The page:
28 November 2009

Why It's Better To Love Than To Be An Equal

Gary Rath, the best man at our wedding, had a line he used to chuckle over. “If I am the Best Man,” he’d say, “why aren’t you marrying me?” Silly. Behind his little play on words, a reminder of the gulf  between affection/love and reason/logic. Just as Scrooge McDuck would can't see his loving nephews for the pile of gold in front of him, likewise, a fullblown technician can know nothing of the heart of God unless he sets aside his measuring rods.
CS Lewis pointed out that "equality" within humanity is simply quantative. Further, he asserted that love knew nothing of equality. Equality is foreign to love.  Love's reasons are woven into the fabric of its makeup and are therefore impossible to tease out by method without destroying it wholecloth.  Love has its own economy.  In the realm of mere equality a miner can say to a millionaire, “I’m as good as you are.” But when it comes to affection, it is outside such boundaries or rule. Indeed, there are no clear limitations on affection.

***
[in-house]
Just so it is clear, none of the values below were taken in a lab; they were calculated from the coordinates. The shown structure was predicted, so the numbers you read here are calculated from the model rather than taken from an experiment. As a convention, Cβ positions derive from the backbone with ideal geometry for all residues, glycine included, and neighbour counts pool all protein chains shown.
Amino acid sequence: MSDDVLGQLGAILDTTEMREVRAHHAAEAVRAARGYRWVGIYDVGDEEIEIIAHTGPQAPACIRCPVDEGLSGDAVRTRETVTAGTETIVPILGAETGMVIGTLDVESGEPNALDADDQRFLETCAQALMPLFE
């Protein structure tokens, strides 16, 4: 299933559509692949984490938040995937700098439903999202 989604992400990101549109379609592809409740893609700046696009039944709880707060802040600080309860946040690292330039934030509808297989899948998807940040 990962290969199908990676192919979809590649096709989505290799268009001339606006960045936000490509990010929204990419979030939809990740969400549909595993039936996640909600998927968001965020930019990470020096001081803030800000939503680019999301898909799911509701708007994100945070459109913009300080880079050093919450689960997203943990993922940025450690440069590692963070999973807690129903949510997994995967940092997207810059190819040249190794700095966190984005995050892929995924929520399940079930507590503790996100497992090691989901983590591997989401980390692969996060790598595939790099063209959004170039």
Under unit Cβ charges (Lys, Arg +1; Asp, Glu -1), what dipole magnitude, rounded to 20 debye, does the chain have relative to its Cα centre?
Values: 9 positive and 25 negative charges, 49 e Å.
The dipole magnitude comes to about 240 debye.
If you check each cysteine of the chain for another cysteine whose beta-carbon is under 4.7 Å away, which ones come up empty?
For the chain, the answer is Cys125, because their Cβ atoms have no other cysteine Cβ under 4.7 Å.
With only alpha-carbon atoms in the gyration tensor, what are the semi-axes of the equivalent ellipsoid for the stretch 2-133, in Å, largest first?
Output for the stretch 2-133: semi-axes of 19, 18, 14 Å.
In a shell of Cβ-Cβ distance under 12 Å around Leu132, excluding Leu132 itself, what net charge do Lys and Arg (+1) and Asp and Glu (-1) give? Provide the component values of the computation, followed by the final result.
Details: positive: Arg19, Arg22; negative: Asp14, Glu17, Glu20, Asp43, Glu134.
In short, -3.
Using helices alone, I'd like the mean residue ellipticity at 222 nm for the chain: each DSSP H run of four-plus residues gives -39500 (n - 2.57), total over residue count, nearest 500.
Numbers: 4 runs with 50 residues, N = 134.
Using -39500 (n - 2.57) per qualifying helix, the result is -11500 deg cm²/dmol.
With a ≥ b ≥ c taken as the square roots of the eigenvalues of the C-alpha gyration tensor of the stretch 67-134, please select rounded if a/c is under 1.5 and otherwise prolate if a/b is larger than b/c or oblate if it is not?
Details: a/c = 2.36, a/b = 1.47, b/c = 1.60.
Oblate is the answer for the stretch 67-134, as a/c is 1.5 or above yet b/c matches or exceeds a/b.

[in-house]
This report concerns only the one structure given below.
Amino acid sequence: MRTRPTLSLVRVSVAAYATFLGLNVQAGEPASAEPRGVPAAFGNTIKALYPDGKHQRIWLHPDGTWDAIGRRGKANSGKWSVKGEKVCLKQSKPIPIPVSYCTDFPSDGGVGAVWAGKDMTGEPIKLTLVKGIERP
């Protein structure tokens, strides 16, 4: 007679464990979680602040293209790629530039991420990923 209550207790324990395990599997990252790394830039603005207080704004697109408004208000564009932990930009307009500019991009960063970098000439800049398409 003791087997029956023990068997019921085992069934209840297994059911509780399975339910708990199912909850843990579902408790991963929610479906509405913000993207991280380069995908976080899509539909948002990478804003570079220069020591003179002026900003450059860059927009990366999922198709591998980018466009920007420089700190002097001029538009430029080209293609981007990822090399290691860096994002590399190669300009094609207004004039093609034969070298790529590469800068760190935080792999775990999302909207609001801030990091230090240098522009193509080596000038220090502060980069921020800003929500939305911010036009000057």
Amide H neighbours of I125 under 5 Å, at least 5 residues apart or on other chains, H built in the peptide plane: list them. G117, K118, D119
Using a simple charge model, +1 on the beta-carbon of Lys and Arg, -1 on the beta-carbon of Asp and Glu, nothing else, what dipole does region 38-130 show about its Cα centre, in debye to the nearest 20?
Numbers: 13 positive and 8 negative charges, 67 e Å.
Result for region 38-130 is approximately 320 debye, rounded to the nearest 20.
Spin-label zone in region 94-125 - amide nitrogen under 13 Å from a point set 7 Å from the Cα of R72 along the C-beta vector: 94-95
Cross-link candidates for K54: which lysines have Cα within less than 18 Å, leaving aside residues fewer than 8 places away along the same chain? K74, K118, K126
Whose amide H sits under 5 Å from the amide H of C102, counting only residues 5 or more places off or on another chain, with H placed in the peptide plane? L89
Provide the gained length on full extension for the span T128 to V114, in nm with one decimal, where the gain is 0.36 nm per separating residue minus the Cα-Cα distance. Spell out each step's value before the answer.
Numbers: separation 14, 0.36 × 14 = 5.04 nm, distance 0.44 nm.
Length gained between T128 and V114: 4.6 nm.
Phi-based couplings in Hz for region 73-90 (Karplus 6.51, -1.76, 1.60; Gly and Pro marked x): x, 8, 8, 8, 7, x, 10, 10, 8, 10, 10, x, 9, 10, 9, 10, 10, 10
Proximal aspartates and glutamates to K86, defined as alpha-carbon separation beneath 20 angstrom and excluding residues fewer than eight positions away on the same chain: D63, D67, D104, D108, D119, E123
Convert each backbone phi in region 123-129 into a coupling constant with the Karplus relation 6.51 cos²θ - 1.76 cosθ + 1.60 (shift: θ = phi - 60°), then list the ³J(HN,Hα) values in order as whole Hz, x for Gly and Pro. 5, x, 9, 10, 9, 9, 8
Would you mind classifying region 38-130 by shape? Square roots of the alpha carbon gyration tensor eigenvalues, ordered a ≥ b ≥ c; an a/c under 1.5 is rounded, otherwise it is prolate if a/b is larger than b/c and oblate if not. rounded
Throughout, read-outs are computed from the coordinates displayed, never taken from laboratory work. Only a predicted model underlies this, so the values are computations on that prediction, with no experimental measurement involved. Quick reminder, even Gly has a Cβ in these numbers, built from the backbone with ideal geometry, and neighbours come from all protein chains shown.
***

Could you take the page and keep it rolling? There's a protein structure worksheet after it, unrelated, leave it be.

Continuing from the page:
In affection, we find our greatness when we are most humble: the greater ground is gained in lovingkindness, not in merit. One can always find someone to oppress, but love will always overcome an enemy in the end.  God breaks with a rod of iron by the fierce love of His love.
CS Lewis said that obedient reverence is the road to freedom, that humility is the road to pleasure and, in the Church of Christ, unity is the road to personality.